Detroit ’67 is about heat. Tempers flare between siblings Chelle and Lank who operate a juke joint in the basement of their childhood home. And still there is even more heat outside their home. Racial and political injustice encircle this family drama. Playwright Dominique Morisseau portrays all of 1967, not only the entirety of the year, but the entirety of the cultural atmosphere–the music, the fashion, the hotheadedness of youth. Actors Kendrick “KayB” Brown (Lank) and Cynthia Brown Garcia (Chelle) discuss their roles.
Detroit ’67 is a clash of siblings, but it is also so much more than that. How do you keep the relationship between Chelle and Lank grounded while staying true to the larger themes of the play?
Kendrick “KayB” Brown: On the surface it may seem like a battle of siblings, but as you read and listen to the written words you realize that even though the siblings battle, it’s a struggle to understand each other’s ideology. I, Lank, want to build up something for us that cannot be taken away by anyone. My sister, Chelle, wants to maintain what we already possess. Even though both have strong reasons for their stance, you soon realize both siblings want the same things, just in a different manner. Knowing that information keeps me grounded in the truth because it’s all about doing what’s best for our family.
Cynthia Brown Garcia: Chelle lives for her family. Lineage and legacy are important to her. She is driven by the need to protect the foundation her parents have established for their family lineage, as well as the need to have the opportunity to pass it on to her son. As a result, it is not hard to keep the relationship with her brother grounded; even as chaos ensues around the family homestead.
In a similar vein, the play requires such emotional intensity from its actors. How have you worked as performers to achieve that intensity?
Kendrick “KayB” Brown: I believe that living in the moment truthfully brings out real emotions. Living in the words that are written helps your character emotional reach that truth. In order to be honest to the role, one must “let themselves go” and let the life of the character come through. Once that was done, the emotions just flowed.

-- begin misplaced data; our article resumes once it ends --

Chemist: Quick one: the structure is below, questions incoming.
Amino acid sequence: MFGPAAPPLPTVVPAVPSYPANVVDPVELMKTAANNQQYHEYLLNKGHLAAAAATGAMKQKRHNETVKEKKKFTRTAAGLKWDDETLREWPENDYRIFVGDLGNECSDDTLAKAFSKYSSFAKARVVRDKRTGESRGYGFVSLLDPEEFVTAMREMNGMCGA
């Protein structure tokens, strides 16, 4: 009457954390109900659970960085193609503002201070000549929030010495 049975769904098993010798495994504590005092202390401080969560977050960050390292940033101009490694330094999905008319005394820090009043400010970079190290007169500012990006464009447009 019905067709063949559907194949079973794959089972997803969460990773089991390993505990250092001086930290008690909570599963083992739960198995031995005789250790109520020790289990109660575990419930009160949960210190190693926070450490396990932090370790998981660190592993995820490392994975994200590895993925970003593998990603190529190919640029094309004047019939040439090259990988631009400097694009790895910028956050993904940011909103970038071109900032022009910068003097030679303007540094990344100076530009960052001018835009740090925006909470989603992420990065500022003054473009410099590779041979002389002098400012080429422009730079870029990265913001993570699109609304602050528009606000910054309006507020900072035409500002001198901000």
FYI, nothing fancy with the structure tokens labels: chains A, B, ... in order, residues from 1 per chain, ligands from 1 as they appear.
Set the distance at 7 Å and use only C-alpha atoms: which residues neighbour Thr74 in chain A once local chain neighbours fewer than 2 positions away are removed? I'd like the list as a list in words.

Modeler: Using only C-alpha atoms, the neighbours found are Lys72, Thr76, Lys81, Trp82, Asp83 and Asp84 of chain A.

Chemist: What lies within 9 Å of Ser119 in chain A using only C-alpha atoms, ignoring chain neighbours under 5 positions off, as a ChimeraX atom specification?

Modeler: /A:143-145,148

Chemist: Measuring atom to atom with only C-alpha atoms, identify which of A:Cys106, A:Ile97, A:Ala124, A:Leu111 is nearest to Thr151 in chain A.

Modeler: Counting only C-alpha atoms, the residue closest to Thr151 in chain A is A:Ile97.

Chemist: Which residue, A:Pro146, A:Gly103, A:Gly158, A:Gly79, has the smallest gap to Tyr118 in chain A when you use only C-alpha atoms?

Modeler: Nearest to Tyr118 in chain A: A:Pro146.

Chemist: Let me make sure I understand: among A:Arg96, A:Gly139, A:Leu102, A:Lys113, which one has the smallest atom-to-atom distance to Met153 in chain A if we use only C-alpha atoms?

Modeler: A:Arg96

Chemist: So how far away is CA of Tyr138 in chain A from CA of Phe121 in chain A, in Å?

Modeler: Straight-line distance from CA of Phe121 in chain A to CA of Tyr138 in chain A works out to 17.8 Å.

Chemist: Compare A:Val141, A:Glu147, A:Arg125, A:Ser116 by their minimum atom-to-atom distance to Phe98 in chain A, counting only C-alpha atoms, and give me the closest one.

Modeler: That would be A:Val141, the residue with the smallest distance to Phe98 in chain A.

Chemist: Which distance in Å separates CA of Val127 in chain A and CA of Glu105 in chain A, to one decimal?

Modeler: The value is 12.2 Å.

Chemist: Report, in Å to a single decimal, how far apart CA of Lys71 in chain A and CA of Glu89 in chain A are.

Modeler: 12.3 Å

Cynthia Brown Garcia: The emotional intensity comes very naturally as a result of ‘living in the moment.’ The theatrical stage on which we actors perform is the actual homestead of the characters whom we portray. As actors, we have to live out every moment of their lives ‘truthfully’ to the best of our ability to do justice to the telling of the story. We don’t play for the emotion per se, rather we come from a place of ‘truth’ and let the chips fall where they may.
Did Detroit ’67 change your view on the Detroit riots? Or urban riots in general?
Cynthia Brown Garcia: This play piqued my interest in the following way—what would I do, or how would I personally respond should a ‘race riot’ break out in my town? Would I hole up in my home? (Sort of what Chelle does.) Or, would I take to the streets and fight? It has been the most challenging question for myself. While I understand the underlying tensions that could resort to rioting, I am persuaded that at the end of the day I am personally a student of the Martin Luther King dogma. There are ways to evoke change in positive and productive ways, versus the converse.
Kendrick “KayB” Brown: I won’t say that it changed my views, but it put my views into prospective terms. It amazes me that the issues dealt with in the black community in 1967 parallels some of the same issues we deal with in the present (police brutality, racism, social stature, etc.). I use to think that the riots were just a waste of time, but if you understand the desire for change and the reasoning behind the riots, you can recognize why they were so vital and important to our culture.
Photo courtesy The Ensemble Theatre
Detroit ’67 continues through April 17. Performances are 7:30 p.m, Thursdays; 8 p.m. Fridays and Saturdays; 2 p.m. Saturdays; and 3 p.m. Sundays at The Ensemble Theatre, 3535 Main Street. 713-520-0055. ensemblehouston.com. $23 – $50
Originally posted on BroadwayWorld.com